Danish Archaeology

Ancient Cult of the Viking Kings

Could a large mud building unearthed in Lejre have been a cult place or beer hall of the ancient Viking kings?

The hall, 48 metres long and seven metres across, overlooks the site of a Viking palace unearthed in 1986 in what is an historic area of Denmark.

‘We are sure we have found a royal building of some sort,’ said Tom Christensen, curator of Roskilde Museum at the time. ‘The odd thing about the site is that it is littered with bits and pieces of exquisite golden jewellery, glass and bronze broaches, high quality artifacts, such as drinking glasses and ceramics, which all seem to have been deliberately smashed in some ritual.’

‘There is also a huge pile of cooking stones from primitive ovens. This was obviously a place frequented by the upper classes of the Iron Age. Maybe it was some sort of beer hall or a sacred site where cult or religious activities were carried out. The building’s post holes are over a metre deep, so it must have been an impressive construction,’ said Christensen.

A large part of the rolling countryside around the hamlet of Lejre, near the cathedral town of Roskilde, an area which abounds in ancient burial mounds and Viking stone tombs, has been designated as an archaeological site.

Here, archaeologists have been excavating since 1986 in the hope of finding the ancient seat of Denmark’s first Viking kings. The sagas say that Leje was the chief city of Denmark’s first Viking royal family – the Skjold, or in English ‘Scylding’ dynasty – dating back to around AD 400-500. Nordic myths tell us that King Skjold, which means ‘shield’ in Danish, was so named because he made his first mysterious appearance asleep in a boat, lying on his shield.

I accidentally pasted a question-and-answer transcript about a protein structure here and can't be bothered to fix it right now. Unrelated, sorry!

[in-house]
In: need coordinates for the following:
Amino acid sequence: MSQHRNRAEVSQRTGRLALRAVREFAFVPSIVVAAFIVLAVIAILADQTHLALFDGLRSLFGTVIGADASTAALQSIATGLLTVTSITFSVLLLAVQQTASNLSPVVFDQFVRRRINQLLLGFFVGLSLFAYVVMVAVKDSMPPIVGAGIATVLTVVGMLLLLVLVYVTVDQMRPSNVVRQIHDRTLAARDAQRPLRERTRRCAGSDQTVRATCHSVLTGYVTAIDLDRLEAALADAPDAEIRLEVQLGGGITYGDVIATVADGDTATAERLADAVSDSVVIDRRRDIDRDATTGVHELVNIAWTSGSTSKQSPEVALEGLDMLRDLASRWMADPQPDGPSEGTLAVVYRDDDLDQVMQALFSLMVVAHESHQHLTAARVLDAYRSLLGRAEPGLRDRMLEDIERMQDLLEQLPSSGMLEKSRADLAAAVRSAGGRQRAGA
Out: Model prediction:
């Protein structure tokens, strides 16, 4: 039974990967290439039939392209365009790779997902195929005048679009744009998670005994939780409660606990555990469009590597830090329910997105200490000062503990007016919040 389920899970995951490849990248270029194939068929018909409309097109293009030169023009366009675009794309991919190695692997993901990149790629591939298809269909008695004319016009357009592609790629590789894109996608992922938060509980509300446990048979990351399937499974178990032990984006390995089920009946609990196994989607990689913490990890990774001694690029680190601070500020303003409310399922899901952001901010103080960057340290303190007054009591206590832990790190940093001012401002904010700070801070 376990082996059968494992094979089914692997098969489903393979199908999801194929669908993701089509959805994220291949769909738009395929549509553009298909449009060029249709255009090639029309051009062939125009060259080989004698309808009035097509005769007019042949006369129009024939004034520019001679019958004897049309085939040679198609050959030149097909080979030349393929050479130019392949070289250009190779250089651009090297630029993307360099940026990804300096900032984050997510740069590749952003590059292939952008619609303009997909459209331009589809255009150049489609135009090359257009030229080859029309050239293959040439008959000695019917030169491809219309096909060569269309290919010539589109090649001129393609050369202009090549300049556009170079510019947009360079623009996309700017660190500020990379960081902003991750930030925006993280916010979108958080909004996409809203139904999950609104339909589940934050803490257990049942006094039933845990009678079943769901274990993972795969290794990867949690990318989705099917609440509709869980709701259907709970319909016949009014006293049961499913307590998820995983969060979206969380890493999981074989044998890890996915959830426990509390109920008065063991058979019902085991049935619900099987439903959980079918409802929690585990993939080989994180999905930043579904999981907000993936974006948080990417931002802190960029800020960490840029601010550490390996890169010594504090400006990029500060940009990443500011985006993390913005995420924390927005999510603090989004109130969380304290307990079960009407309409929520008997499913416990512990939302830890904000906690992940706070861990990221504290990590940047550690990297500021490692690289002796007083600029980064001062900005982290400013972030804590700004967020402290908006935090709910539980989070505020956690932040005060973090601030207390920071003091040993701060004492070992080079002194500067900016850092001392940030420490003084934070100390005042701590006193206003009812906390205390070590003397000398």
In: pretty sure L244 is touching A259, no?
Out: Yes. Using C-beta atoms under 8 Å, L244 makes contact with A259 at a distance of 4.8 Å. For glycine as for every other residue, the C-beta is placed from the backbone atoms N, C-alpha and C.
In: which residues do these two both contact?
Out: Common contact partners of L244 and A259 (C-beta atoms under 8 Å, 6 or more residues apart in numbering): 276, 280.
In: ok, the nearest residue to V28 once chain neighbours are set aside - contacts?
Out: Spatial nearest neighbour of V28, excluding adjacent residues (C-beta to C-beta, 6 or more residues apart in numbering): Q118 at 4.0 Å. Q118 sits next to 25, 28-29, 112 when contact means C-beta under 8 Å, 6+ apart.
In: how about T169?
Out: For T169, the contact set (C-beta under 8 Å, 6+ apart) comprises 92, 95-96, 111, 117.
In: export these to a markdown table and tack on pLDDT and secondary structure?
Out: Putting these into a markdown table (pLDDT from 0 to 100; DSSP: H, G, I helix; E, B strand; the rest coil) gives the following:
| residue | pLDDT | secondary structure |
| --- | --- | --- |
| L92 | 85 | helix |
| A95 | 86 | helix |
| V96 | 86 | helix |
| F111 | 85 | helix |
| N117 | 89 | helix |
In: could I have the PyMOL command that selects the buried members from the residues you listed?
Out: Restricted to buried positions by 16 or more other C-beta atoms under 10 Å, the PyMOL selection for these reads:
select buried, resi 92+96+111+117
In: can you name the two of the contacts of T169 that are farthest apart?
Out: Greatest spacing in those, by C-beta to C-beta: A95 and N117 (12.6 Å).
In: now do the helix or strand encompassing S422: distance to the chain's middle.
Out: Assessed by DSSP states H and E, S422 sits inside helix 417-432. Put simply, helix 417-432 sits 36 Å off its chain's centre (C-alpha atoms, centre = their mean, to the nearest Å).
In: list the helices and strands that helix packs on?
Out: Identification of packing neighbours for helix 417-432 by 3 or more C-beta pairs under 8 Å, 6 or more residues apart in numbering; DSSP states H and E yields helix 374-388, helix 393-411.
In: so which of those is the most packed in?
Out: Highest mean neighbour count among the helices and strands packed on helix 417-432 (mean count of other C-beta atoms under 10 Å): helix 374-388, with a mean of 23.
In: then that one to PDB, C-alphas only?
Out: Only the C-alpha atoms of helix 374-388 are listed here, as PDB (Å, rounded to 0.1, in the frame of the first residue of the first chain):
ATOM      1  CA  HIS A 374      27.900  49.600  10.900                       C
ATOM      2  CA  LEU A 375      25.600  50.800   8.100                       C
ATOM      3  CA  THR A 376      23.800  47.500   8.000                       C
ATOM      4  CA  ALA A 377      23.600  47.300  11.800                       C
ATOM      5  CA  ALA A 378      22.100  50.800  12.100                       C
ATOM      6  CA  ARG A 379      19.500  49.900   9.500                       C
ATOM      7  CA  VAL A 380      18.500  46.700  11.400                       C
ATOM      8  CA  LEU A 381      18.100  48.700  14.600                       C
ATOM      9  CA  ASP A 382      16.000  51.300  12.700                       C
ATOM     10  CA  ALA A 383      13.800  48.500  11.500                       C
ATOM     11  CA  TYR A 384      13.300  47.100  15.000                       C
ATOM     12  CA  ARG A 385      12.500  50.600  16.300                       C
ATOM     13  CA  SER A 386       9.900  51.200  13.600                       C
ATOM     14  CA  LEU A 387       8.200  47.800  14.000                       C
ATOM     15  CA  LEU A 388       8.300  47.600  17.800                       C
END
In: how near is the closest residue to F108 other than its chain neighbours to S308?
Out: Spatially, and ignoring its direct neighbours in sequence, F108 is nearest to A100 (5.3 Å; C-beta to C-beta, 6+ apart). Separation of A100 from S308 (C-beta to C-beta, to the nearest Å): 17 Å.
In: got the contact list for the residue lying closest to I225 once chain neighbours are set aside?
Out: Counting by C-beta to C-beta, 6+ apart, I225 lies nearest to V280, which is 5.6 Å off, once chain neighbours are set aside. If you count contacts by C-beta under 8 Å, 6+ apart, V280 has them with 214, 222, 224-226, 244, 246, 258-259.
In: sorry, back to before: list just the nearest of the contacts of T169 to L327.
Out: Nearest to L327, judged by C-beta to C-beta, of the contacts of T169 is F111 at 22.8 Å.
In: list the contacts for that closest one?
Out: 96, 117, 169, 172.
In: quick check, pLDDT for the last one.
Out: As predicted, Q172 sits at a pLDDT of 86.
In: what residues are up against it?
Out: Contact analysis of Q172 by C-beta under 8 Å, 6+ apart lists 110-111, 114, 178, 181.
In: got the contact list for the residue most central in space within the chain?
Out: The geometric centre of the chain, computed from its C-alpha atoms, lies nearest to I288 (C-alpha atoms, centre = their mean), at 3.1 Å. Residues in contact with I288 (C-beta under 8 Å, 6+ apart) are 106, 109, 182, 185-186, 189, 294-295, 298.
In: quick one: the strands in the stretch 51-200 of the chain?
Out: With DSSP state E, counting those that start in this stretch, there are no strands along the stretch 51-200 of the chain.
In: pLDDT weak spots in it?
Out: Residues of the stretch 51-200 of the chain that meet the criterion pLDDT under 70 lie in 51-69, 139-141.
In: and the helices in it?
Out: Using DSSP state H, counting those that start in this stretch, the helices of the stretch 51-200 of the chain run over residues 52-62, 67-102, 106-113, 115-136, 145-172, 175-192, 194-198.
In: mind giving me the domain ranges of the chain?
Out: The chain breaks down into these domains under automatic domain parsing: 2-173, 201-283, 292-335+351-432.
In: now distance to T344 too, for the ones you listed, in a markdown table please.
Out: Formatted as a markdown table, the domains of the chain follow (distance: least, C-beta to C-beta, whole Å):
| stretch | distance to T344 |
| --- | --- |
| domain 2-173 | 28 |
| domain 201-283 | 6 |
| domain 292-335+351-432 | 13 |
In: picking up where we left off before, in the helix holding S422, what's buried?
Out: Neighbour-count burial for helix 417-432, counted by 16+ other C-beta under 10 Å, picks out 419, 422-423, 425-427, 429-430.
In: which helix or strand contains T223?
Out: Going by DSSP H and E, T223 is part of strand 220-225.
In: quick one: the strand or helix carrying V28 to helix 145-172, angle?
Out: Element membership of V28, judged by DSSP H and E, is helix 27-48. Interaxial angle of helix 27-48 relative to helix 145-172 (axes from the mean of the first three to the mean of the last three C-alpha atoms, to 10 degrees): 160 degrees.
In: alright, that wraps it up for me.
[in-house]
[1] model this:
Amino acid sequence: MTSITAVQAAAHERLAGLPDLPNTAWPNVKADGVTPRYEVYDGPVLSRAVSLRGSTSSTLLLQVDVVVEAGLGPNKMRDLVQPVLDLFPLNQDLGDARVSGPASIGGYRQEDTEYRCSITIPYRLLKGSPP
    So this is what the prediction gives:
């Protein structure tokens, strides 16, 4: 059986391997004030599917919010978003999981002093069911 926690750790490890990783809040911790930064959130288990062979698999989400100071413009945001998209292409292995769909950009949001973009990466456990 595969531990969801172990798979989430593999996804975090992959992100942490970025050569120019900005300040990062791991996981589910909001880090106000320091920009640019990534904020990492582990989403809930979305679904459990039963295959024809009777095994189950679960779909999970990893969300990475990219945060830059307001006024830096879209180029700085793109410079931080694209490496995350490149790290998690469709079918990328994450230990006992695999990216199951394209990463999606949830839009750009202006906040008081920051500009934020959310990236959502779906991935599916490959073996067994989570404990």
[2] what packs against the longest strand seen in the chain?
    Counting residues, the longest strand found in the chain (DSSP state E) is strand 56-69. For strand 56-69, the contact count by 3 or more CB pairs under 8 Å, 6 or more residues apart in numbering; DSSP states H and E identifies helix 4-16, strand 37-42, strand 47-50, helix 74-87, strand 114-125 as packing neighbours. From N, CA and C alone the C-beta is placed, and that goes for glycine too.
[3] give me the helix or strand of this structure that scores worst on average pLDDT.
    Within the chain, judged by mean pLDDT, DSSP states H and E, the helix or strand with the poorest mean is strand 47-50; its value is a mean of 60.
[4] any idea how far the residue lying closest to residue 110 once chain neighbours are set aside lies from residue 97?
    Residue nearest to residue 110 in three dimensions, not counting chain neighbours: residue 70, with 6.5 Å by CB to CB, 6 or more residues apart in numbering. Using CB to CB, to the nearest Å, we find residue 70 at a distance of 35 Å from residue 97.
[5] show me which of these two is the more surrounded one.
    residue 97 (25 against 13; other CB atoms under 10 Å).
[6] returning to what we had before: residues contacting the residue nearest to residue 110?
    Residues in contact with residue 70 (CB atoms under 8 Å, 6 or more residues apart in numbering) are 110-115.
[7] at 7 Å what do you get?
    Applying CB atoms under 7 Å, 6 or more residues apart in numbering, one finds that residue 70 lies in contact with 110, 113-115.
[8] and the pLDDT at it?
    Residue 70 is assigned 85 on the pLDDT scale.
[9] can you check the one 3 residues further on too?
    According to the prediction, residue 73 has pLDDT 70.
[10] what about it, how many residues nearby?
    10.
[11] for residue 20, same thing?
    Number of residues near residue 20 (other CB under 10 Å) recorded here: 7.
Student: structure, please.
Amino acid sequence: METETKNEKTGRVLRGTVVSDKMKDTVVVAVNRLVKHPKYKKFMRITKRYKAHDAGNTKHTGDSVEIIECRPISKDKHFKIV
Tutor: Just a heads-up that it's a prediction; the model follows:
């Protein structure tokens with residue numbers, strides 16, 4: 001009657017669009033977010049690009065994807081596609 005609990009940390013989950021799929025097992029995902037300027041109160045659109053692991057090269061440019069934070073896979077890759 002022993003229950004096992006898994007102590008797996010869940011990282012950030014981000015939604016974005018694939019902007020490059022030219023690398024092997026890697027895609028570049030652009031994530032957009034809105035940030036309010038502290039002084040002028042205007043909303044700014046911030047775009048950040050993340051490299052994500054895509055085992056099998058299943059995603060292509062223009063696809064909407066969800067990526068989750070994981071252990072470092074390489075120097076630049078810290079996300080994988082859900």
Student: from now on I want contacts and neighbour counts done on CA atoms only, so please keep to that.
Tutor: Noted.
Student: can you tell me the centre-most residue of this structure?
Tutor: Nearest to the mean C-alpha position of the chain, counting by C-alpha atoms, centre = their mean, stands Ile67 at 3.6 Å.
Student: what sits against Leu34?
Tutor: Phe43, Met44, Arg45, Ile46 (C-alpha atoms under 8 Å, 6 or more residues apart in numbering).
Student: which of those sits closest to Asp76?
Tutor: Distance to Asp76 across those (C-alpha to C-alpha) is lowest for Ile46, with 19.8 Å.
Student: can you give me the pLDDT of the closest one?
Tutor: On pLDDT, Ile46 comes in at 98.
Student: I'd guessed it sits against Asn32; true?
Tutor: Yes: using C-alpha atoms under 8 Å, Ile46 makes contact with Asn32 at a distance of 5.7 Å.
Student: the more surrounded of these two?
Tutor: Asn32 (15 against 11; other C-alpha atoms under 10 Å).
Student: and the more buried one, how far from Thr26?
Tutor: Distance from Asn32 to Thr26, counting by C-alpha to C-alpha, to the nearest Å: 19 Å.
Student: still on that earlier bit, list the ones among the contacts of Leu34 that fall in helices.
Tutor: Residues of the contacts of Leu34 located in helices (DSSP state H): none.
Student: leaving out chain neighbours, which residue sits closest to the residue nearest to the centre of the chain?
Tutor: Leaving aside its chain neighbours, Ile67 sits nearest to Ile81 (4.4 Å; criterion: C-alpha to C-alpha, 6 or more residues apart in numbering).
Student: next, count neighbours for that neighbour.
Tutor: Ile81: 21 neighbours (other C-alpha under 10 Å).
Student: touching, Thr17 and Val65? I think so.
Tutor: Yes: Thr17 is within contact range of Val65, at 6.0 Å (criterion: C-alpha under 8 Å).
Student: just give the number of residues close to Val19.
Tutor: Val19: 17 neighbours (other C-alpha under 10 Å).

The Scylding dynasty lasted at least a century, through Skjold’s successors Halfdan, Roar, Helge and Rolf Krake. The oldest known reference to the dynasty’s heroic and bloody exploits is in the eighth century Anglo-Saxon epic poem ‘Beowulf’, often called the first major work of English literature.

Set in the period of the Germanic migrations in the fourth to seventh centuries, the poem places the Scylding King Hrothgar’s Hall, Hereot, at Lejre, while Saxo Grammaticus, a 13th century chronicler who compiled a history of both legendary and historical Danish kings, also identified Lejre as an ancient royal seat.

Many modern Beowulf scholars identify Hereot with Lejre and, with the discovery of the hall, Danish archaeologists believed they had finally found the site. ‘The date of the cult place fits perfectly with the era of the Scyldings,’ Christensen said.

In 1986 archaeologists discovered a major upturned boat-shaped Viking longhouse, but only the foundations of the huge hall and outhouses remained as the original construction had been of wood. The 50-metre-long, 10-metre-high longhouse was twice the size of any similar hall discovered in Denmark, leading archaeologists to believe they had stumbled on a royal palace from the time of the sagas.

The dimensions of the hall were calculated from 200 posthole marks on the ground from the huge oak beams that supported the walls and roof. There were signs on the site of earlier constructions, dams, windmills and other buildings including a bronze foundry, workshops and outlining fencing, underlining the importance of the Lejre settlement.

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